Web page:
There’s been a lot of speculation about Aeropostale lately, with institutional investors swooping in to try to right the troubled teen retailer. Last week, hedge fund Hirzel Capital Management disclosed that it now owned 5.7% of the teen retailer’s outstanding shares when it filed this 13G. Earlier this week, it followed up with this 13D, upping its stake to 6% and signalling that a passive investment had very quickly turned to an active one.
Though the language in the 13D was pretty boilerplate, some news outlets quickly ratcheted up the speculation by highlighting the fact that the filing noted that Hirzel “may engage in communications with one or more shareholders of the Issuer, one or more officers of the Issuer and/or one or more members of the board of directors of the Issuer.” Just to put that into perspective, we counted over 350 13Ds that had similar language to that in the past year.
And then, yesterday, came this news release from another institutional investor, Crescendo Partners. While the letter didn’t disclose Crescendo’s stake, it described it as “significant” and said that it believed the shares were worth $14 to $16 a share, compared with the just over $10 that Aeropostale is currently trading at. We’ve yet to see a 13D or 13G from Crescendo and it’s not clear from their letter if their “significant stake” will require them to file one.
Both of these, of course, follow this 13D filed in mid-September by Hummingbird LLC, which disclosed a nearly 8% stake in Aeropostale. A month later, Hummingbird filed this amended 13D, which showed their holdings steady at 7.96%.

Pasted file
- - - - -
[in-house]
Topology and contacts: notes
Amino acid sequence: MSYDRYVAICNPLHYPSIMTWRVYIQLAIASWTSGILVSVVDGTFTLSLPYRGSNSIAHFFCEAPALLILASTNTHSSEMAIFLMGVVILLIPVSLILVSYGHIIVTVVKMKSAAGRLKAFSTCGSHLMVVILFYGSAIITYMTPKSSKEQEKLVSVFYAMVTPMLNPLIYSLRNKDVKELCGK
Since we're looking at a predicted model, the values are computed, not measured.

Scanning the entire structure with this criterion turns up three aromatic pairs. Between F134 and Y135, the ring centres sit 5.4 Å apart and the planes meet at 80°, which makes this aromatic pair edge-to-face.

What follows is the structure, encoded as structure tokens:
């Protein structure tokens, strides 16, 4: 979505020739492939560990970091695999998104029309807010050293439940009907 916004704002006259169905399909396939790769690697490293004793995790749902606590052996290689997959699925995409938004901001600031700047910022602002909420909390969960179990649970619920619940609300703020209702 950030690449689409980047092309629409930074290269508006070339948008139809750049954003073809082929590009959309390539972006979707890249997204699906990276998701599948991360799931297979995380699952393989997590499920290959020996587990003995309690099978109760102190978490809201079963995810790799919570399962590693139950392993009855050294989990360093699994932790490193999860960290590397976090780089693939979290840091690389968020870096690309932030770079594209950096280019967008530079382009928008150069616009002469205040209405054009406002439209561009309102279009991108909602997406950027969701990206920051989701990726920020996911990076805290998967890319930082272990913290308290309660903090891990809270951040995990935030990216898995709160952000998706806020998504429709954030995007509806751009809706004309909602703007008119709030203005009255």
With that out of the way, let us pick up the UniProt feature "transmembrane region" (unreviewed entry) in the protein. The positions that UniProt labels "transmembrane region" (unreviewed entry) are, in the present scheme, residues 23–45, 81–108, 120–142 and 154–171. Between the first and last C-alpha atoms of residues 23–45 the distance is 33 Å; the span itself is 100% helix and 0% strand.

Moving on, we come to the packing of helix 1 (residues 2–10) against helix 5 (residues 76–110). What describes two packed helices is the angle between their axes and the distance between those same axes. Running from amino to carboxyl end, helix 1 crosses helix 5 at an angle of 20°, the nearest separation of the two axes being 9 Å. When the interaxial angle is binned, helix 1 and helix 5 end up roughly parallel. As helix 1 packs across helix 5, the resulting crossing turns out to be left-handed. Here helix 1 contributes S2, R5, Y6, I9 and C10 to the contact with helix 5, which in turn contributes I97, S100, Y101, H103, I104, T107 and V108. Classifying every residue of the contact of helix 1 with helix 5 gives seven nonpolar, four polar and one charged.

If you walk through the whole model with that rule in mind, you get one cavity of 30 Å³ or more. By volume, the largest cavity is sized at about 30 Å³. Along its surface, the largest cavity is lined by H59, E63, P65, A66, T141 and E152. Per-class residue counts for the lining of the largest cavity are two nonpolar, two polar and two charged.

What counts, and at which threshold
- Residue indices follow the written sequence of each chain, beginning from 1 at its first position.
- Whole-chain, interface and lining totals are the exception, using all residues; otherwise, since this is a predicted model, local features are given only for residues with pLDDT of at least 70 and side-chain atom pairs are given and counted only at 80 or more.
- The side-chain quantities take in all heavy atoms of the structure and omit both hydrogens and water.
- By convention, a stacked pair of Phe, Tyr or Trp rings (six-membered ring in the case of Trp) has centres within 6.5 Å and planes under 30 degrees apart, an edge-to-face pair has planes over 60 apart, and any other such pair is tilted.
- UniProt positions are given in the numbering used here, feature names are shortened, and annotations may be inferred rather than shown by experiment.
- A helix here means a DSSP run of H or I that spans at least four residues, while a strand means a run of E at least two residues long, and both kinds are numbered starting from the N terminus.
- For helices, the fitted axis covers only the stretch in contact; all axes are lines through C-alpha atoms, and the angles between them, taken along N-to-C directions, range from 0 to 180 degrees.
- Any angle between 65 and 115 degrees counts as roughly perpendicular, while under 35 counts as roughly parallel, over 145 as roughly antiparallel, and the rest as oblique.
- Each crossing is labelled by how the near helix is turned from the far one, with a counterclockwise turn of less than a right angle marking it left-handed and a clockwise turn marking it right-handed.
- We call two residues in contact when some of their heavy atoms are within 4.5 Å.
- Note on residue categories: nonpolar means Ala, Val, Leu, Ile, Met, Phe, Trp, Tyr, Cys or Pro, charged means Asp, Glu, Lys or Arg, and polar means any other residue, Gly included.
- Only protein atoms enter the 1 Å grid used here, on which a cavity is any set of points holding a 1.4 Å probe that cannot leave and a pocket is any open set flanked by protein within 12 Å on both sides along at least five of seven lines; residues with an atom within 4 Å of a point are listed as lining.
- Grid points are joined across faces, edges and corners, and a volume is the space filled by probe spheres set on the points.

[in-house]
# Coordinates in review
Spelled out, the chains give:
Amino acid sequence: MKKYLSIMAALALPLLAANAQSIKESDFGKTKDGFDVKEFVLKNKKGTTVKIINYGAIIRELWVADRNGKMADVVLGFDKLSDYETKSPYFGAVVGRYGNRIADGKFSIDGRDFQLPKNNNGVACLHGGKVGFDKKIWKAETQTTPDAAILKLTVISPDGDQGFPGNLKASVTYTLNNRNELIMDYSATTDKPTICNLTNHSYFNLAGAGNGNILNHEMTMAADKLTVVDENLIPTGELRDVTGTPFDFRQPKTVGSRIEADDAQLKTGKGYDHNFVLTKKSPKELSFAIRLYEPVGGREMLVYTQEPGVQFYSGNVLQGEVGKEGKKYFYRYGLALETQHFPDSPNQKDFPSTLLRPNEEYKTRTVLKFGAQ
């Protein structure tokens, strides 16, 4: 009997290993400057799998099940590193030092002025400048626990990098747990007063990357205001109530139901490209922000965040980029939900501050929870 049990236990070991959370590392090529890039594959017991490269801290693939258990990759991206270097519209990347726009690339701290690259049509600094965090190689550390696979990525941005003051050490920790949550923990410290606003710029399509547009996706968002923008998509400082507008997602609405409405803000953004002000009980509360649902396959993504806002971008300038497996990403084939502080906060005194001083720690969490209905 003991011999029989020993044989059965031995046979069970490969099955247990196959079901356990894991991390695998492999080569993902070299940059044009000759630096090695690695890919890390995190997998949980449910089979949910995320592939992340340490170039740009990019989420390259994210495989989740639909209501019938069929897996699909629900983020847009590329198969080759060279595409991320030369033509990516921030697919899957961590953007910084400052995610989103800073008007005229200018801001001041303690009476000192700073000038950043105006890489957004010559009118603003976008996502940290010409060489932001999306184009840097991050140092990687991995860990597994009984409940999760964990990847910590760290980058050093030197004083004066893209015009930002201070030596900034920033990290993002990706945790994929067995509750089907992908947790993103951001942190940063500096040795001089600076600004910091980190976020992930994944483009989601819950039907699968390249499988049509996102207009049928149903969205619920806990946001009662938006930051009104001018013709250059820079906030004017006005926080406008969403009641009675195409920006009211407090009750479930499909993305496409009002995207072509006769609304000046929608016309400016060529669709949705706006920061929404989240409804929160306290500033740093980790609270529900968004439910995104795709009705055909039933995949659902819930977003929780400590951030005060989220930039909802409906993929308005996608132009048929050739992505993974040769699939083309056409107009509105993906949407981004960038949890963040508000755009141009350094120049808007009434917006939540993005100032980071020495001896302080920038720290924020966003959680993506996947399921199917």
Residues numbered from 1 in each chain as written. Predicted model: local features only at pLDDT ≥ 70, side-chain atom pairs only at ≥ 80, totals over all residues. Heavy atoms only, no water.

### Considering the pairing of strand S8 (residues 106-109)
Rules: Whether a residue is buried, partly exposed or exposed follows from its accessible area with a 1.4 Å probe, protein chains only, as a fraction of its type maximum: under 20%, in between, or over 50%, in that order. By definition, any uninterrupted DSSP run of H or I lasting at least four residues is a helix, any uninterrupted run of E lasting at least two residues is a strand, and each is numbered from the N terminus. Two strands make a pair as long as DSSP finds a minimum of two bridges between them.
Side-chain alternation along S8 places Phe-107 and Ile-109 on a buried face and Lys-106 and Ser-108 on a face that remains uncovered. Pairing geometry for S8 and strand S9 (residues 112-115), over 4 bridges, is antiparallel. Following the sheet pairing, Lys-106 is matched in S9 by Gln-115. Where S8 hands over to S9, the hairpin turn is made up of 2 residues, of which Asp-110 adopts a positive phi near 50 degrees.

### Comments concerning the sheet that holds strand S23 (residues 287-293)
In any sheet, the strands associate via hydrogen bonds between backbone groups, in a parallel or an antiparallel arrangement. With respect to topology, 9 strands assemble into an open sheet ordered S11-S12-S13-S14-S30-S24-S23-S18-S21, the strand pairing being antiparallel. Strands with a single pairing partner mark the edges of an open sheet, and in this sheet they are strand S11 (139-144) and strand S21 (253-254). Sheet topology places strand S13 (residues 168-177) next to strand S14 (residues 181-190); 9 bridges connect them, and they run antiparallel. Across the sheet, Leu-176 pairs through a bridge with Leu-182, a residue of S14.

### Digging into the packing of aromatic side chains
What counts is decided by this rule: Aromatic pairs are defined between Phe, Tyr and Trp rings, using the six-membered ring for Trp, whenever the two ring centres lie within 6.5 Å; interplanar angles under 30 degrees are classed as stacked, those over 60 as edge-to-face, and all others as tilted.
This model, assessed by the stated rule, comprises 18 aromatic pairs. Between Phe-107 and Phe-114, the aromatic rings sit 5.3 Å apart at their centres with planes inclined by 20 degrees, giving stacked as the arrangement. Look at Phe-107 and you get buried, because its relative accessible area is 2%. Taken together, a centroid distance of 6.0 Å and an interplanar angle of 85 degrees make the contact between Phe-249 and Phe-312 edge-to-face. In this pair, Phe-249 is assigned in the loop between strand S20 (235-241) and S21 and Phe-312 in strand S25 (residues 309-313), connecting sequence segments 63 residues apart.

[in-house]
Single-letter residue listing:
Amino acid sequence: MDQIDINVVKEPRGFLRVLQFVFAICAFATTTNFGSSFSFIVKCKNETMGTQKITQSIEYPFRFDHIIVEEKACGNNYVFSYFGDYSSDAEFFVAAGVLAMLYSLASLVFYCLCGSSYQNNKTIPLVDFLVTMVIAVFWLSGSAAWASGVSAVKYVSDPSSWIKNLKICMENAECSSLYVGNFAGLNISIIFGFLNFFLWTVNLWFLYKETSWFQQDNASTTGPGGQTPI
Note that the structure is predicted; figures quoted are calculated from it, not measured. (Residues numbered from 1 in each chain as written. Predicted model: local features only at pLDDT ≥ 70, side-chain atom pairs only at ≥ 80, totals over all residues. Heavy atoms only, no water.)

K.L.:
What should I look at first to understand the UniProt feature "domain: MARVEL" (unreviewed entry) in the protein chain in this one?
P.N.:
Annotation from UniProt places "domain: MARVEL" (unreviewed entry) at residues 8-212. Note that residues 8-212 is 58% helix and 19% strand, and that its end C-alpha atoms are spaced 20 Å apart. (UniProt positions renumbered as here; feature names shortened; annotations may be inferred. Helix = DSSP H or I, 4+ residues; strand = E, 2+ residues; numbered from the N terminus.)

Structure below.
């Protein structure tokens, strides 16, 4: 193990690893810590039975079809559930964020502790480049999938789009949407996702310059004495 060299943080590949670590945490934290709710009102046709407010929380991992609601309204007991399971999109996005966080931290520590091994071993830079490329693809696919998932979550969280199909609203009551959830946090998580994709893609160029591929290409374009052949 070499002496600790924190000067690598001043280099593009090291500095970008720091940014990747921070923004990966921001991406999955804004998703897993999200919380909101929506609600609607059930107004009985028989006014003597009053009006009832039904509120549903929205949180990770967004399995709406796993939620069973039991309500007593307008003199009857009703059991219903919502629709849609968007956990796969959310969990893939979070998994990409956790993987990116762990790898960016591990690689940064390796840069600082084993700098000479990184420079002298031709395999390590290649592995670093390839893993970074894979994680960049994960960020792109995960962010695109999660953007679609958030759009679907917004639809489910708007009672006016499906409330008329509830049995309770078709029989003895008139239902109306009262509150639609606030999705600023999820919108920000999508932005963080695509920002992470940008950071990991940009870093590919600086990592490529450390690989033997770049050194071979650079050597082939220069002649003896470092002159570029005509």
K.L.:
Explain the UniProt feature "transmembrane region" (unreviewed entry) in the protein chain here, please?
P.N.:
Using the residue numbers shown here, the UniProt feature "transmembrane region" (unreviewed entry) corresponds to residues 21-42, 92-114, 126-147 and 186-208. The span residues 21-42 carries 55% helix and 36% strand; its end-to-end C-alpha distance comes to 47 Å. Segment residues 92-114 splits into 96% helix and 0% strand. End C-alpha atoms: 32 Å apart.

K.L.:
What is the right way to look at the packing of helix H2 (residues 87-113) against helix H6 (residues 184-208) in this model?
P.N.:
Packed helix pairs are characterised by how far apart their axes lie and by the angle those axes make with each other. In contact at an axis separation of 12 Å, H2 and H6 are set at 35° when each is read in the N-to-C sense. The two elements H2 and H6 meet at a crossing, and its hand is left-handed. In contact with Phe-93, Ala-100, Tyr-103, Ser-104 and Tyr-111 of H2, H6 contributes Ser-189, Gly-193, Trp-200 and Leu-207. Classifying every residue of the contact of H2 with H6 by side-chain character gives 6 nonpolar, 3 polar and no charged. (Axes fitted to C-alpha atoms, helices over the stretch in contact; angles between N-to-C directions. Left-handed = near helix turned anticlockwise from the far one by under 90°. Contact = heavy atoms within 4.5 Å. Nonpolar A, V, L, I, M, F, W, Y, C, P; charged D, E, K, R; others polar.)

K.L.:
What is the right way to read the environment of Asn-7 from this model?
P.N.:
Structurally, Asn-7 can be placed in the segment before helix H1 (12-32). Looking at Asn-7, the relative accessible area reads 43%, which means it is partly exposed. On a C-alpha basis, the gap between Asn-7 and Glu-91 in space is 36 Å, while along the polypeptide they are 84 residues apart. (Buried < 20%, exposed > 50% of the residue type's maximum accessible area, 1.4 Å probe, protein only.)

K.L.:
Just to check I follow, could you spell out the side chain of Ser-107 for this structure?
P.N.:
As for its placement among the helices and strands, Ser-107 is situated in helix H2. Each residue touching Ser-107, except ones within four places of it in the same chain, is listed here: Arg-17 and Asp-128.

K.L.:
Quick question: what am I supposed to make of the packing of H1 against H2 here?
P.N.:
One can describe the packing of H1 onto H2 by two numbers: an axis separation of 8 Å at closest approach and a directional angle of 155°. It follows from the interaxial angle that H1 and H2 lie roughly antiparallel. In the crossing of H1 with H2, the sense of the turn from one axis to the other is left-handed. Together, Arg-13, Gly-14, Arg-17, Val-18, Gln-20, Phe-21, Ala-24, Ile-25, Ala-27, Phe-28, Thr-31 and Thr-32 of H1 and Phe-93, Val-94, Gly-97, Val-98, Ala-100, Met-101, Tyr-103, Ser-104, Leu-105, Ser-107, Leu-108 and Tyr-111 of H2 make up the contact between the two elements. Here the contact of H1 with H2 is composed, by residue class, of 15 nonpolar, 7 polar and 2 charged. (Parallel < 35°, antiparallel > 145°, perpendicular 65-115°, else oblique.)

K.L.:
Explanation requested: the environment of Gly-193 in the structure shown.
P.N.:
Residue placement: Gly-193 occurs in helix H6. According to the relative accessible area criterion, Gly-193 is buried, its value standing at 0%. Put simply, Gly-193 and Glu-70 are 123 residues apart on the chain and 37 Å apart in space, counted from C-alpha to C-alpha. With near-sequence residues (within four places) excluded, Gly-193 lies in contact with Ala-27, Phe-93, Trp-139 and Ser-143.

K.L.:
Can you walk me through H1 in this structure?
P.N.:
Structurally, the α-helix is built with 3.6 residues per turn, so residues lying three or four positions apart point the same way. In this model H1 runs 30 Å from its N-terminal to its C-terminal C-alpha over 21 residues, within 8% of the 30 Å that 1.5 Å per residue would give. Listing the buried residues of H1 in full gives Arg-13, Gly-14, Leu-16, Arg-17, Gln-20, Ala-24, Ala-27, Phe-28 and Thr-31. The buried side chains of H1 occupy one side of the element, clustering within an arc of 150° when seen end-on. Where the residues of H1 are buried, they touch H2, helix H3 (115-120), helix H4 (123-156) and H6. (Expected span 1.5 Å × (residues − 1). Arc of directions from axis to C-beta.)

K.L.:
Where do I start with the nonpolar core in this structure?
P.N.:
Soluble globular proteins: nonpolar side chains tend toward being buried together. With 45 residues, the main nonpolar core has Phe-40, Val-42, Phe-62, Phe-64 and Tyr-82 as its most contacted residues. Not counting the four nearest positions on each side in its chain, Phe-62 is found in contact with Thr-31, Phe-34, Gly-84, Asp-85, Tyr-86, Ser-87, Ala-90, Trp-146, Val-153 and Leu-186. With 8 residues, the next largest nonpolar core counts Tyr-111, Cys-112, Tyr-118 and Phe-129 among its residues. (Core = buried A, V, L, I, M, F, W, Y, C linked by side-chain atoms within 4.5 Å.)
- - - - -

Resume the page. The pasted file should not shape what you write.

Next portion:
Any journalist will tell you that three of anything makes a trend. Which is probably what prompted the attorneys at Aeropostale to spring into action and file this change in control severance plan for it executives. While the filing notes that the company’s Compensation Committee adopted the plan on Nov. 12, it’s hard to see it as anything but a response to recent events.
Under the new plan, which covers all of the company’s named executives with the exception of CEO Tom Johnson plus an unknown number of other executives, those executives would get 24 months of pay, plus any earned, but unpaid bonus.
We looked through Aeropostale’s prior filings and couldn’t find a similar plan in the past, which makes it hard to chalk up this week’s filing to a mere coincidence.
One of our rules here at footnoted is that there are no accidents in SEC filings. Everything is there for a reason.